Organic Food...on a budget.
Here are some ideas I found to be very helpful...
- Eat less meat. Organic meat is EXPENSIVE...no two ways about it. If you eat less, you enjoy it more and spend less.
- Reduce your consumption of packaged food. Packaged organics can get a little pricey. They also use a lot of sodium, which is not good for you. If you make food ahead (see my recipe for kale chips) you will have far more control over what you take into your body.
- My first stop is (I am on the east coast of the USA) a store called OCEAN STATE JOB LOT, which purchases surplus food and other items ("lots") and resells them for a huge discount. Often you can find organic packaged foods at stores of this type. Some of my recent finds are Bob's Red Mill organic bread flour, organic olive oil, Newman's Own organic snacks (chips, and my favorite Newman-O's), and a whole lot of canned beans and soups.
- Farmer's Markets--NOFA (Northeast Organic Farming Association) and other organic organizations often list farmer's markets on their state chapter websites. Best place to find super fresh, farm picked produce.
- Find an alternative or natural foods co-operative in your area. In Wakefield, RI, I belonged to the Alternative Food Cooperative and shopped there for around 25 years! Here in CT, I belong to the Willimantic Food Co-op, which has an incredible selection of organic produce...yum! Want to know where to find a co-op near you? Try this link: http://www.coopdirectory.org/directory.htm. It will take you to a directory of co-ops all over the United States.
- Trader Joe's--All I can say is...if you have one near you, it is a fantastic place to find great prices on organic and sustainably produced food! I miss the RI Trader Joe's...it was one of my favorite places to shop.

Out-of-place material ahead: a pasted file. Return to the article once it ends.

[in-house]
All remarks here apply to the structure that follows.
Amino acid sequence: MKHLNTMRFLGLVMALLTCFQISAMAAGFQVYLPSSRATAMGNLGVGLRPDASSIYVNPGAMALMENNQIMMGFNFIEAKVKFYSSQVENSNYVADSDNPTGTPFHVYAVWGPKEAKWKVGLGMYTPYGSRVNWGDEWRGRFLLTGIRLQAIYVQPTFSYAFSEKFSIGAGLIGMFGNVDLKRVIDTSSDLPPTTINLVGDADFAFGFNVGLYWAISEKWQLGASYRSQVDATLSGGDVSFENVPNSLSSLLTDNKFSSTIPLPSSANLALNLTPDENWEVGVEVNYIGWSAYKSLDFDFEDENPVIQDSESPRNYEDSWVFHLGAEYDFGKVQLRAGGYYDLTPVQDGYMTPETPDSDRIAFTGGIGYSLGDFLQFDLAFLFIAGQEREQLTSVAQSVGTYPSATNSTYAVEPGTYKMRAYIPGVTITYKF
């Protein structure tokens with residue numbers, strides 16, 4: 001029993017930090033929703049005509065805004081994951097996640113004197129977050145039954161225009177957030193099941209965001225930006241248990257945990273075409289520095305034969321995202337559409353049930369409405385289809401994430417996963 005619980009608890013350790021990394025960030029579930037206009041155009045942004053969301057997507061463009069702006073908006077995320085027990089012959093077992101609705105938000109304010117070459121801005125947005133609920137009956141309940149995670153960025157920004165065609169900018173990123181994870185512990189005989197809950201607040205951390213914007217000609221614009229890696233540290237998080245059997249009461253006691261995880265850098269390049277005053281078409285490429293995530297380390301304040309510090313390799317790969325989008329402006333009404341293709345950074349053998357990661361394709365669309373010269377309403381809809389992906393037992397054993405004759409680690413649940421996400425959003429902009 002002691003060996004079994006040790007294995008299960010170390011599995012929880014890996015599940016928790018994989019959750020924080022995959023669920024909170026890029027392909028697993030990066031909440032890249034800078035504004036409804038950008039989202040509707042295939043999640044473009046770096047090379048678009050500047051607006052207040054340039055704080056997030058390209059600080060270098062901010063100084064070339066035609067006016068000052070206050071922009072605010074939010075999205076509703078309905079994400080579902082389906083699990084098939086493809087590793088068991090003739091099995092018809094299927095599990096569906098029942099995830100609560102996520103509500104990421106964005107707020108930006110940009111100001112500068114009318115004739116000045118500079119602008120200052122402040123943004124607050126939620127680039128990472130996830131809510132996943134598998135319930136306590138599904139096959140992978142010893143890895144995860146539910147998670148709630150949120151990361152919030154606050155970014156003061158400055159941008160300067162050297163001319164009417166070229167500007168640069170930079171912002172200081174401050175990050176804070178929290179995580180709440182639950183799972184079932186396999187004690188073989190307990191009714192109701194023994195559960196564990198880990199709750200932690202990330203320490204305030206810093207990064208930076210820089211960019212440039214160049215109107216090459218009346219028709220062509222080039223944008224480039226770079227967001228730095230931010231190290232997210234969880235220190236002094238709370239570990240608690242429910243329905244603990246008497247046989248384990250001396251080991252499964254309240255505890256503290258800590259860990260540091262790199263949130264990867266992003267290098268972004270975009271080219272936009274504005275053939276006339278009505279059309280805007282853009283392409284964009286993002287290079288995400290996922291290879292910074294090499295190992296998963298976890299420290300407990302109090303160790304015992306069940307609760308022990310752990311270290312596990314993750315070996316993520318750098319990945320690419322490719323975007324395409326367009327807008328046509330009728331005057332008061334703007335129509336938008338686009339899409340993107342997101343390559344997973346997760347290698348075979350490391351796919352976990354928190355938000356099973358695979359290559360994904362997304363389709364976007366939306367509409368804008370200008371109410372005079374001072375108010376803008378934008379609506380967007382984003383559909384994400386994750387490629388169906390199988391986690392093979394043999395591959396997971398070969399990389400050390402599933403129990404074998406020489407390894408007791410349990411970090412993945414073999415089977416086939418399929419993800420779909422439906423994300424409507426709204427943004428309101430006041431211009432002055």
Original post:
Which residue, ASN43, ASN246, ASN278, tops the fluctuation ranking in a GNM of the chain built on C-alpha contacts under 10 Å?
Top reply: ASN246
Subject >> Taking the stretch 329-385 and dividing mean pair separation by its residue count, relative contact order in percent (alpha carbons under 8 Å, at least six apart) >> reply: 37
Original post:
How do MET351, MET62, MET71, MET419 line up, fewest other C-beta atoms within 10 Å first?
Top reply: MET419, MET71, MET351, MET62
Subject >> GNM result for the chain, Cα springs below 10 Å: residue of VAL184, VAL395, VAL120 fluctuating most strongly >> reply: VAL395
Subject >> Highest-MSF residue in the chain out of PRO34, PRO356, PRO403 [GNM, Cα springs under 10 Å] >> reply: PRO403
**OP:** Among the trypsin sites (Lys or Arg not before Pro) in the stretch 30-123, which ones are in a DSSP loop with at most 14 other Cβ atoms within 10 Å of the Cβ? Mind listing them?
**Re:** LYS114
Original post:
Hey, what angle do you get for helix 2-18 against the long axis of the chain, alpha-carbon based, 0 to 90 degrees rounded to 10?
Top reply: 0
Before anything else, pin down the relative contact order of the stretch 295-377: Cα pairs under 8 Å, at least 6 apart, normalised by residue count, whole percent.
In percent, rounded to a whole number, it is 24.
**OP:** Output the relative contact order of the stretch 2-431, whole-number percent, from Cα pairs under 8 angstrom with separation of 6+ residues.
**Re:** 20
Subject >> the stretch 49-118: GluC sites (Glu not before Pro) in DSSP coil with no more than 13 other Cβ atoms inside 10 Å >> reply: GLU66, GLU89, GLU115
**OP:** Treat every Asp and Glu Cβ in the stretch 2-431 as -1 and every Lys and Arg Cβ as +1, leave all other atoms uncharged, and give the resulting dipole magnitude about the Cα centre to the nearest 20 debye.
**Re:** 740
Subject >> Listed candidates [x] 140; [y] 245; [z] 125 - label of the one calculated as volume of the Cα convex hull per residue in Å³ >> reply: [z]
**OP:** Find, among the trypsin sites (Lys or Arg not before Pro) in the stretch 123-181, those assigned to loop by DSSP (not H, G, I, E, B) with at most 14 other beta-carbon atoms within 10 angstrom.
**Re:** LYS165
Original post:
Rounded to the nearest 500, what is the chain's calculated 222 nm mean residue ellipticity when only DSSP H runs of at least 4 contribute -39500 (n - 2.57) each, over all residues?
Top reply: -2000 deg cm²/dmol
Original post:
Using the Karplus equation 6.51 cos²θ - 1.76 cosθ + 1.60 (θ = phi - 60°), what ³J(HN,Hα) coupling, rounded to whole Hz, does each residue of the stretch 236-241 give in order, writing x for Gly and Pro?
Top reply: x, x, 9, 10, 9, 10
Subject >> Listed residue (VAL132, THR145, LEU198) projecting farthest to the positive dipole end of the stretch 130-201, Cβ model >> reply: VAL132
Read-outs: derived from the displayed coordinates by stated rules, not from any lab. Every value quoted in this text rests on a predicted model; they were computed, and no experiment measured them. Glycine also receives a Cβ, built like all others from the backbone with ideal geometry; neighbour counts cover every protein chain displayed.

- The grocery store. Look for sales and compare prices. Some organic companies are beginning to compete. This is good news in a large grocery store!
- Your local health food store...occasionally, if you are a regular customer, small health food stores will allow you to order goods when they place their regular order--so if you like a particular shampoo or hair color, ask if they can order it for you. This way they will not need to stock it.
- Produce--prioritize your organics so that produce is at the top of the list. Raw, unprocessed foods are the most likely to retain pesticides and nonorganic compounds--so make produce your TOP organic priority.
- Other food items should be your second priority, because you are ingesting them. If you can purchase SOME organic food, it is better than none--do not think that just because you are not eating ALL organics, you are not helping your body!
- Shampoos, soaps, and cleaning products do not necessarily need to be organic, but watch for non-toxic cleaners like Mrs. Meyers, Seventh Generation, and Method (see Method vs. Mrs. Meyers...some of my favorite non-toxic cleaners!) For shampoo and conditioner, try a few different brands until you find the one you like--I always avoid products with sulfates. For soap, of course I use my homemade goat's milk soap (see blog part 1, 2, and 3 for instructions), but you can often purchase a good cold process or liquid soap which is non-toxic.
- Herbs--always buy your herbs in the bulk section of a co-op, if possible. You will save a ton! Here's why: You only purchase a tiny amount, in a small plastic bag...and that is all you pay for. You purchase by weight. Nothing is wasted, and you don't end up pulling a 20-year-old bottle of cumin out of the cupboard. Totally worth it!
- ALWAYS look at the "specials" and "clearance" items on endcaps of health food stores and co-ops...they are often a treasure trove of bargains! I have purchased elderberry syrup for a coworker to help with her cold, as well as other vitamins and supplements, tea, and kitchen gadgets. This is my favorite section of the store!
- Only purchase what you know you will eat. Common sense, I know, but seriously...you don't want your food to go to waste!